Power/Interest Grid for Stakeholder Prioritization

Power/Interest grid

Adapted from Environmental Scanning — The Impact of the Stakeholder Concept, ICIS 1981 Proceedings, 20 (Mendelow, 1981).

Place each stakeholder in a quadrant according to power and interest. The people you identify as key stakeholders will likely be on the top right. Remember, you are dealing with stakeholders who can affect camp, so who on your chart will be most affected?

The position that you allocate to a stakeholder on the grid shows you the actions you need to take with them:

  • High-power, highly interested people (Manage Closely) — You must fully engage these folks and make the greatest efforts to satisfy them.
  • High-power, less-interested people (Keep Satisfied) — Try to connect with this group enough to keep them satisfied, but not so much that they become bored with your message.
  • Low-power, highly interested people (Keep Informed) — Adequately inform individuals in this group; communicate regularly to ensure no major issues arise. People in this category can often be very helpful with the details of your project.
  • Low-power, less-interested people (Monitor) — Monitor these people, but do not bore them with excessive communication (Rabinowitz, 2020), and recognize that their interest level could change.

As camp issues become more relevant, it can be challenging to satisfy multiple stakeholder groups, because they may have conflicting expectations. They may even have asks or want policies that camp can’t provide, which makes responsiveness an issue. On matters that are time sensitive, be sure to guide each stakeholder by influencing their expectations with sound reasoning and information that supports your camp’s mission. If you are consistent with decision-making over time, you will gain stakeholder trust — and this could lead to continued support after your initial project has concluded.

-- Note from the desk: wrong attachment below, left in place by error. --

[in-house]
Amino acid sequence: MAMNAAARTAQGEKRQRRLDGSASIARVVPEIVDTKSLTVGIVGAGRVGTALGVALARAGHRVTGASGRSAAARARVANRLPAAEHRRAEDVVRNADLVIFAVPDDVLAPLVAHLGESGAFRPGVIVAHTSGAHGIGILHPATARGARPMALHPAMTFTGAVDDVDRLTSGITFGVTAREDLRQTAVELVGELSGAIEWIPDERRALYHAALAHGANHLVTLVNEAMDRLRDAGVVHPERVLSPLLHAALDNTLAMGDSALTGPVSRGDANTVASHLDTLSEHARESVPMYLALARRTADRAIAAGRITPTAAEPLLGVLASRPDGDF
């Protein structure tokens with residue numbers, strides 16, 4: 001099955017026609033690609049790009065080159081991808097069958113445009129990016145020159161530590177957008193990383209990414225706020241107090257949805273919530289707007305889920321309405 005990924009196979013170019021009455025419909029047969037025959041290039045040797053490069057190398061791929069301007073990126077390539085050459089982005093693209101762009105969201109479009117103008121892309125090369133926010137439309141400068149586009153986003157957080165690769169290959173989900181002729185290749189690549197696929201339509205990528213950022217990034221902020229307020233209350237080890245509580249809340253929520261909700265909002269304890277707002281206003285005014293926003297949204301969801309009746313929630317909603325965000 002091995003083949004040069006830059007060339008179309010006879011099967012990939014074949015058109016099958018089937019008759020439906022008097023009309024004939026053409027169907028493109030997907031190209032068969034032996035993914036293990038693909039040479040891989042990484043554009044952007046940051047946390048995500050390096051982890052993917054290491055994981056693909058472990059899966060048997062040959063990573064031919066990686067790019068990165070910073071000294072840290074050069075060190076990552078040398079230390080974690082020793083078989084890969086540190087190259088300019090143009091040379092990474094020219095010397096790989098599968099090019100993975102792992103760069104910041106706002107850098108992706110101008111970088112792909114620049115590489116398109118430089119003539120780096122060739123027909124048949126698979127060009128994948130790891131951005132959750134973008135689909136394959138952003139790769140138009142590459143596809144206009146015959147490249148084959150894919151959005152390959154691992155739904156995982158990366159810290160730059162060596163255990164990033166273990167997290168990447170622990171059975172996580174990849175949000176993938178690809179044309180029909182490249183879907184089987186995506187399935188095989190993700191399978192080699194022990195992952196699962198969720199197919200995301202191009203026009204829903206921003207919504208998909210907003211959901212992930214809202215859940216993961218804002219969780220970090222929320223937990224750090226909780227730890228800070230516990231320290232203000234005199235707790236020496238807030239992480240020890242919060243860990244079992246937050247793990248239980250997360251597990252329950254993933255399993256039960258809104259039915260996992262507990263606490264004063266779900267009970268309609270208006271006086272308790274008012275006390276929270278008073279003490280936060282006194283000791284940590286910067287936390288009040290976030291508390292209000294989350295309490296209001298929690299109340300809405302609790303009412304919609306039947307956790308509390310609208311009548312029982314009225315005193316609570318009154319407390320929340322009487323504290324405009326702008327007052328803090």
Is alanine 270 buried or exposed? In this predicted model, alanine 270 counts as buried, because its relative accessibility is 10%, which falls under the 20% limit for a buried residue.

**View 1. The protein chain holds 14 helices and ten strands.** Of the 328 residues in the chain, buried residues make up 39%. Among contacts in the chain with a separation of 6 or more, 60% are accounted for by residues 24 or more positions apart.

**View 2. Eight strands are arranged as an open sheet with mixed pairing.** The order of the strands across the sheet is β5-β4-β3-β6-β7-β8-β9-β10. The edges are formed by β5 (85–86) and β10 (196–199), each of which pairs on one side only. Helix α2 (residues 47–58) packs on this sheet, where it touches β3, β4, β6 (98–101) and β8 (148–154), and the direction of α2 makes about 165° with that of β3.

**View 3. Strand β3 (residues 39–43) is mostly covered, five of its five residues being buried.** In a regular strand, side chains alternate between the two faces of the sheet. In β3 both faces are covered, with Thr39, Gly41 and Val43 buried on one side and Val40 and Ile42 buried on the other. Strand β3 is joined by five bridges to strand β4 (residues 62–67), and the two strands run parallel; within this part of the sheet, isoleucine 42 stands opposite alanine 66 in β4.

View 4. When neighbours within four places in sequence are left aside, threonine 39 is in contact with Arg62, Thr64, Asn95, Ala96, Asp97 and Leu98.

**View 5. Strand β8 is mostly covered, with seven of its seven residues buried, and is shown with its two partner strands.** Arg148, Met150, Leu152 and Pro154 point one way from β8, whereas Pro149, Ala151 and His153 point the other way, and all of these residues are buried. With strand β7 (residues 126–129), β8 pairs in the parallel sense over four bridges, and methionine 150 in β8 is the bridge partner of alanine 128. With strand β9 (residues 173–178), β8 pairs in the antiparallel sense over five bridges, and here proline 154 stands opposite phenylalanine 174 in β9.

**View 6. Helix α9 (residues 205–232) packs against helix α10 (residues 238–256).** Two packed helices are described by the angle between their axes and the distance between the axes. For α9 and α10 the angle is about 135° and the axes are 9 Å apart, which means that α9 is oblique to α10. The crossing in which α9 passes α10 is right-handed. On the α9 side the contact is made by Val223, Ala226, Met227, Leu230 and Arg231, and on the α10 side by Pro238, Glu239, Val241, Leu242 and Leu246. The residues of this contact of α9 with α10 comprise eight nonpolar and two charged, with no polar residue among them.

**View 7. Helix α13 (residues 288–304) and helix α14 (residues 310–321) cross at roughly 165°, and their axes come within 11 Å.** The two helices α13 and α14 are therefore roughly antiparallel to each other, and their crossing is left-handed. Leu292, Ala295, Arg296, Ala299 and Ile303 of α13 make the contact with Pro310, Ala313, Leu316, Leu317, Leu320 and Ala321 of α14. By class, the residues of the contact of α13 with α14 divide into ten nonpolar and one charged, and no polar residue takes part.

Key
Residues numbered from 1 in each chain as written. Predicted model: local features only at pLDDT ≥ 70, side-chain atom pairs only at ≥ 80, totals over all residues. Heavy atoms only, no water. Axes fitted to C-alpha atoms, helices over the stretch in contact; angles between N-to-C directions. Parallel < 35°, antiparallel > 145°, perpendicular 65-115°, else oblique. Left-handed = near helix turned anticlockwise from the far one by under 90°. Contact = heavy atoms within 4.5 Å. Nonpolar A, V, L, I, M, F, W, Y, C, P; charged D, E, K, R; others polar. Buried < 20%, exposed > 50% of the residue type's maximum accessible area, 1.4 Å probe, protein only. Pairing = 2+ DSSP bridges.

A big part of your success will come from the relational value you create in each stakeholder relationship. Your commitment level will be need-dependent, based on stakeholder expertise and involvement, and will fluctuate from one project to another. In other words, you must calculate the positive degree of value each stakeholder offers and coordinate this input with your existing camp resources.

Relational value refers to how much each person or company values a relationship. With camps, stakeholders can choose whether to help or participate, and they will likely decide if their association with you will cause an imbalance of relational value. Will their experience with you be positive or negative? The answer seems simple, but it can quickly become complicated by competing forces within camp organizations.

While most campers and staff would say their relational value to camp is high, some vendors or neighbors may have a different opinion. Loud noises coming from camp may be awesome for camp spirit but challenging for a neighbor who is working from home. In everyday life people have personal and professional expectations for each type of association, and camp is no exception.As already noted in the figure, each stakeholder has or creates a power/interest relational value — and this result must be evaluated by both sides. It is sometimes difficult when a person or team of people place a lower value on a relationship than you were expecting. This explains why people get their feelings hurt or actions from a business partner do not meet perceived expectations.